Teacher Appreciation

The irony of teacher appreciation week being the same week as state testing in Kentucky isn’t lost on me!  As I have rushed around trying to tie up all the loose ends in my kids learning for the last week the topic of teacher appreciation has continued to weigh on my mind.  Even in the midst of trying to figure out what to get my own children’s teachers to try and show how much I appreciate the love of learning that they have instilled in Jackson and Embry, my mind keeps coming back to the question, “what do teachers really need to feel appreciated?”.  Don’t get me wrong, I love every card, flower and gift I have ever gotten from the sweet faces I get to teach daily as every teacher I know does.   But in my mind there are lots of things teachers want to feel appreciated beyond just this special week.

Teachers want administrators that see them tirelessly working to plan lessons, grade papers, and analyze data while simultaneously loving on children, helping families, and serving their school in a variety of ways that go beyond their four walls.  They want to feel like they are both seen and heard.  They want to hear things like “you are doing a great job”, “how can I help you”, and “I am thankful for the work you do for our school”.

Teachers want Superintendents that know their name and see the good work they do to not only help their own students but support other teachers in their school and district.  They want to feel that they are more than an employee number, test score, or highly qualified certificate and instead are seen as a human who works hard, makes decisions in the best interest of kids, and never stops trying to be better today than they were yesterday.

Teachers want students that instead answering the question of “what did you do today” with “nothing” share with their parents all the AMAZING things they got to experience that day.   They want their students to go home excited to share about the awesome science lab they did, real-world math lesson they got to experience, debate they were the star of, or art project that they just finished.

Teachers want parents to ask their children every day at the dinner table what they learned that day and to stop accepting “nothing” as an answer.  They want parents to send them a quick e-mail when their child comes home excited about something they learned so they know that the hours they spent preparing were well worth it for that child.  They want parents to see how much they love their children and how they only have such high expectations because they know they can do it.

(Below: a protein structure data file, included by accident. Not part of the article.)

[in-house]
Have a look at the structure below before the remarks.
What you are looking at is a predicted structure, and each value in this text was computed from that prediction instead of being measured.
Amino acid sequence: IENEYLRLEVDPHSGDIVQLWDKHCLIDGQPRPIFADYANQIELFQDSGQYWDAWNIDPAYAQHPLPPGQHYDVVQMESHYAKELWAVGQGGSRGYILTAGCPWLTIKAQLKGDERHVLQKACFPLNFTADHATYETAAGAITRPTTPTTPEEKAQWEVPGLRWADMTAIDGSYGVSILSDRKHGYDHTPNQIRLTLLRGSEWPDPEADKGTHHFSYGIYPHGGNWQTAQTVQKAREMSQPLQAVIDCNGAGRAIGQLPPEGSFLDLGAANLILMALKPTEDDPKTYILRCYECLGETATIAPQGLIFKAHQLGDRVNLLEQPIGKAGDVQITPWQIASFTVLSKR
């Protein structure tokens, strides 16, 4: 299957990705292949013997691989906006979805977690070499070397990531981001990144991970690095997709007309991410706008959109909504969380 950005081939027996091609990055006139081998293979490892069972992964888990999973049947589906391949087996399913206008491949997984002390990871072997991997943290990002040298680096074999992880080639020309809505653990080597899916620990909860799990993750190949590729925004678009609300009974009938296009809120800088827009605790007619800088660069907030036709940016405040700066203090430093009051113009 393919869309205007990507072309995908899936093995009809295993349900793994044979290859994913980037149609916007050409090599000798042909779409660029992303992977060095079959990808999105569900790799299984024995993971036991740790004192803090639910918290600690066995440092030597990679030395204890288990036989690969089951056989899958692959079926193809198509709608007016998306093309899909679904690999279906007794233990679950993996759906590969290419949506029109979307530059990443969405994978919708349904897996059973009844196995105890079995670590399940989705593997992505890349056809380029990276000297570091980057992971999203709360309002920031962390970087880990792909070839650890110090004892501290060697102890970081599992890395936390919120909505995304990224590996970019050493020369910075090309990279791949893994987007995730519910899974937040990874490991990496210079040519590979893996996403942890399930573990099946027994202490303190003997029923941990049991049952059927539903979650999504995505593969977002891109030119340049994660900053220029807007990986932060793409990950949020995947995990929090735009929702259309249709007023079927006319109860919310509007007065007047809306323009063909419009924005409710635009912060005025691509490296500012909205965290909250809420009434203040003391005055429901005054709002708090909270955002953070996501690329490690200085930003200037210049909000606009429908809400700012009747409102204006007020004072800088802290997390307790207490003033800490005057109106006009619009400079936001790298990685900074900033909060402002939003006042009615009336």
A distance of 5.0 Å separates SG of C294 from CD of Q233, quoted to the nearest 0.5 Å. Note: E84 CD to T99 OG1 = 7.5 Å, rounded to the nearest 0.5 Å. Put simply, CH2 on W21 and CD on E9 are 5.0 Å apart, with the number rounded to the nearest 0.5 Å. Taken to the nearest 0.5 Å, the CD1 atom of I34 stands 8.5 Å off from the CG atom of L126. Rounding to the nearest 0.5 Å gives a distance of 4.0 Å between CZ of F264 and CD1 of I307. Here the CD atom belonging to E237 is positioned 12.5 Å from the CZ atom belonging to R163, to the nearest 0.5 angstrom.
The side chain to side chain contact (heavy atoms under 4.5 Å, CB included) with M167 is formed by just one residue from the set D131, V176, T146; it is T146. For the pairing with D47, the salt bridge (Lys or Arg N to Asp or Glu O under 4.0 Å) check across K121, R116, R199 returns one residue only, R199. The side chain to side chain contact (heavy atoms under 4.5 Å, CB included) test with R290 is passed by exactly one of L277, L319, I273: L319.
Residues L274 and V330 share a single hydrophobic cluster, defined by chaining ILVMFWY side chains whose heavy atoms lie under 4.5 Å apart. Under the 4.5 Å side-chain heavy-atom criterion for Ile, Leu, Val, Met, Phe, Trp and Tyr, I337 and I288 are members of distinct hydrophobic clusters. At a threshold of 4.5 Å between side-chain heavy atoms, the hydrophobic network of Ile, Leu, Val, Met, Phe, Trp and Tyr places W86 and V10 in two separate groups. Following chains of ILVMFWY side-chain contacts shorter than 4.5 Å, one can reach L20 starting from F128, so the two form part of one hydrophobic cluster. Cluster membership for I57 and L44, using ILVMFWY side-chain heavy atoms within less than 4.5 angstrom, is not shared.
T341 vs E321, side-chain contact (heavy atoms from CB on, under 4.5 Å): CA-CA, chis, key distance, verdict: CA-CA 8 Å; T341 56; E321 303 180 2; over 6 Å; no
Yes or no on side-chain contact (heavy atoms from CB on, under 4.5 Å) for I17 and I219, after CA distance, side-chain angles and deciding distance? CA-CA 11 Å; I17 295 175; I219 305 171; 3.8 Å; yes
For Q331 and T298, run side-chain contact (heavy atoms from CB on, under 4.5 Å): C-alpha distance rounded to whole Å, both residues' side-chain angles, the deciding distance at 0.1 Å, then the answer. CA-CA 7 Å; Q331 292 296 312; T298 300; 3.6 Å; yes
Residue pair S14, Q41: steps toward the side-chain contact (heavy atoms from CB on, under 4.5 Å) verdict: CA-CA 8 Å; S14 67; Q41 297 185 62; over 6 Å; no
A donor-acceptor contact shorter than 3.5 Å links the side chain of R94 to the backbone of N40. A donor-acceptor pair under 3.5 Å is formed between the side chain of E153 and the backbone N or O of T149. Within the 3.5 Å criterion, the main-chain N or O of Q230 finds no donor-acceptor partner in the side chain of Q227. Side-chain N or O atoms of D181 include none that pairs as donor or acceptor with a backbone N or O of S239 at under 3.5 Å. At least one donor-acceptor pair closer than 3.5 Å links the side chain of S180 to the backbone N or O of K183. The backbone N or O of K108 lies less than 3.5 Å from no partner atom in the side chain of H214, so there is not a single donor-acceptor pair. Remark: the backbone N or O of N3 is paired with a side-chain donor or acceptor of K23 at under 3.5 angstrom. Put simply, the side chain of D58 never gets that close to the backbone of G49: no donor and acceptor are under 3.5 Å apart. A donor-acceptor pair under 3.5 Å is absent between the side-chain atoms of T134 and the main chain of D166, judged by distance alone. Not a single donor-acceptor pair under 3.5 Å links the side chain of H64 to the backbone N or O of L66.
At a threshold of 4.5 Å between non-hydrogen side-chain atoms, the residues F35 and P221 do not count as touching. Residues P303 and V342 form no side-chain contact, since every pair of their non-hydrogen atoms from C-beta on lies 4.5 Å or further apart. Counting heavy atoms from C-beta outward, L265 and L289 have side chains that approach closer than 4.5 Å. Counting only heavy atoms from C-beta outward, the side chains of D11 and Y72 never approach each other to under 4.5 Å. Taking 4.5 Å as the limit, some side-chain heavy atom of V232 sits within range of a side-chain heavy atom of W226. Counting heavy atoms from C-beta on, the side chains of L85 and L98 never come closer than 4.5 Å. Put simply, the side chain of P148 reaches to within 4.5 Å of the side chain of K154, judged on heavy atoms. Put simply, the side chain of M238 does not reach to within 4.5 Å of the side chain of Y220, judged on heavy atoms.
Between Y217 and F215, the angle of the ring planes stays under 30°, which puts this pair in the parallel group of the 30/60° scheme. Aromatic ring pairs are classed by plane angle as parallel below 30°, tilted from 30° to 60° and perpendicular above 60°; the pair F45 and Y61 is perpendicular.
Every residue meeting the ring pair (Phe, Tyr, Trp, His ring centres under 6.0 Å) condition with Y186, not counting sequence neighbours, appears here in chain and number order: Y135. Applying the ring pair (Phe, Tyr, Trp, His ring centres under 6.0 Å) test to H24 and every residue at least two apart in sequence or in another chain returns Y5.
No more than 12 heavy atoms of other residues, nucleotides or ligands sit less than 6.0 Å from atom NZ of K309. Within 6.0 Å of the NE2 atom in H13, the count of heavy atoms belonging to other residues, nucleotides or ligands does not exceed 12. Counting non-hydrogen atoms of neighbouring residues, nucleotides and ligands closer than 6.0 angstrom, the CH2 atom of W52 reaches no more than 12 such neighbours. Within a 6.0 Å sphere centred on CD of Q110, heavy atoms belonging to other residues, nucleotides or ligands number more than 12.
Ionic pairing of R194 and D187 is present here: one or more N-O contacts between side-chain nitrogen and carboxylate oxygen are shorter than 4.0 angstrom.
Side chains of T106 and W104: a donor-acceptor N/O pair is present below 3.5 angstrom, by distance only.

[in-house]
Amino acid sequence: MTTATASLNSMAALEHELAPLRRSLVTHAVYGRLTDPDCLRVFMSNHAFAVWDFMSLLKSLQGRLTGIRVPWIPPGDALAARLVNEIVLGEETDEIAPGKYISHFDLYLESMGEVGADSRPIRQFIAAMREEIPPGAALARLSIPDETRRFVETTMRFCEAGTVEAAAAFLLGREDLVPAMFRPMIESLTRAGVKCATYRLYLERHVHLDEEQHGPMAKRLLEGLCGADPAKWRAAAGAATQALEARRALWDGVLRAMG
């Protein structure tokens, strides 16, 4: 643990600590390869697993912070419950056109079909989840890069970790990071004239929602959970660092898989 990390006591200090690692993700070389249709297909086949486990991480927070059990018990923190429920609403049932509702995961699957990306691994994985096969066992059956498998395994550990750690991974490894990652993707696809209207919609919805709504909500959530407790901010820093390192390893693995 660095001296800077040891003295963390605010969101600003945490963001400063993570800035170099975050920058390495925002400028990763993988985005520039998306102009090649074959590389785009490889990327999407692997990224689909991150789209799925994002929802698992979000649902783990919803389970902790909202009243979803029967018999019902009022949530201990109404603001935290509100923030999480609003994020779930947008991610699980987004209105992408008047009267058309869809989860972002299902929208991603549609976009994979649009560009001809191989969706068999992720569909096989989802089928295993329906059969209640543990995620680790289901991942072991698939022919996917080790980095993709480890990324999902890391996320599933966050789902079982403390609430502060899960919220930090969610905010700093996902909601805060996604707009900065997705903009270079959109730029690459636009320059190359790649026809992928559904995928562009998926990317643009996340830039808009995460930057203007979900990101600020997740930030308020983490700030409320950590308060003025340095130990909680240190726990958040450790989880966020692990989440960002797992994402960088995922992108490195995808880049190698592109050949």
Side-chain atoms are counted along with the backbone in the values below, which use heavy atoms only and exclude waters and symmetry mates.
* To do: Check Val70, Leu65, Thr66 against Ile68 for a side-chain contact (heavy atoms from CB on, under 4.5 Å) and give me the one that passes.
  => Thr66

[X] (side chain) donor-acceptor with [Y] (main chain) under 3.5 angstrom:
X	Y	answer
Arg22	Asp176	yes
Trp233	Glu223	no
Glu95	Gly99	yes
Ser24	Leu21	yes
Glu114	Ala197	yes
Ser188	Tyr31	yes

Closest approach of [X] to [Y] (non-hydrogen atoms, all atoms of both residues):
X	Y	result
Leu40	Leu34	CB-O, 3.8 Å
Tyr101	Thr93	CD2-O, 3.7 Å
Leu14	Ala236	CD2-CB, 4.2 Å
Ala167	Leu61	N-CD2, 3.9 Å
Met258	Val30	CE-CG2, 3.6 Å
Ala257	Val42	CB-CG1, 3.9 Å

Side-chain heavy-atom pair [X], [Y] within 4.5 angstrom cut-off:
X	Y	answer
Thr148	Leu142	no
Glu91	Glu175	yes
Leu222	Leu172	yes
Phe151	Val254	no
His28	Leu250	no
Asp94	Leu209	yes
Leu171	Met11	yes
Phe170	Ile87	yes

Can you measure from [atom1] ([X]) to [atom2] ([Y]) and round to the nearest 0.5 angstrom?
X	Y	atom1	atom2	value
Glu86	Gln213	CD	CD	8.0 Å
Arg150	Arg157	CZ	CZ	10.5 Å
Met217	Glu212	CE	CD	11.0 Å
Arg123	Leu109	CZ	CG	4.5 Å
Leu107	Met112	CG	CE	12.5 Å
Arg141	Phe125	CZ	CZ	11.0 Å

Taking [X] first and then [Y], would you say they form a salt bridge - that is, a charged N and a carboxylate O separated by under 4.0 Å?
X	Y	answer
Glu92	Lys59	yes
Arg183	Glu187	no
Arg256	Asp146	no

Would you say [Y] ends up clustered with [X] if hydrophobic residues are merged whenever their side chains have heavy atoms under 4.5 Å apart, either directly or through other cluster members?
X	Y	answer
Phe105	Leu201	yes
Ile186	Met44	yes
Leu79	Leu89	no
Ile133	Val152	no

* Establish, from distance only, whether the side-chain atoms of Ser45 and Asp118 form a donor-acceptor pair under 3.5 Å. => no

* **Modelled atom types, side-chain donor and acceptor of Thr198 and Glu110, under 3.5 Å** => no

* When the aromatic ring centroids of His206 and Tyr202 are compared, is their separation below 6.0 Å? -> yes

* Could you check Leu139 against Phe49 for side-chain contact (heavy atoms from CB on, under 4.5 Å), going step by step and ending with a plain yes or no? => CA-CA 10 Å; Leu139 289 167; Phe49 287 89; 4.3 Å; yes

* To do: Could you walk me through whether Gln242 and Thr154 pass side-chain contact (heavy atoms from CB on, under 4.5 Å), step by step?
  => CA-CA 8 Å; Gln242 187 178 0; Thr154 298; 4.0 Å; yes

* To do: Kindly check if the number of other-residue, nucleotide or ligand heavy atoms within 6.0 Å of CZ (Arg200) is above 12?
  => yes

Teachers want community members who are more reluctant to throw stones at them after they see a bad worksheet circulating on Facebook, a sensationalized news article, or a conversation in the grocery check out line.  We want our communities to see the 99 amazing things that happen every single day rather than just the occasional mistake.

Teachers want politicians who see that they became teachers not because they couldn’t do anything else but because instead they knew inspiring the next generation was their greater calling.  They want to feel like their knowledge and expertise is recognized and appreciated.   They want decision makers to seek their input and trust their judgement and have decisions made with them rather than for them.  They want to know that there is a future in their profession and that the retirement they have diligently paid into will be their when their service is completed.

I am sure I will catch some flack for this post (I always seem to) but to me this isn’t about complaining about how teachers need to be appreciated more.  I will have a wonderful week of thoughtful children and their families sending e-mails and sweet handwritten notes, a PTA bake sale that provided us with lots of treats, and I am sure a thank you email from both school and district leadership.  However, in my mind teacher appreciation goes way beyond these five days and should instead be a focus year round.  The best appreciation can’t be found in a store or a Pinterest board; it comes from a respect and admiration for what they do every day to shape the future of this country.

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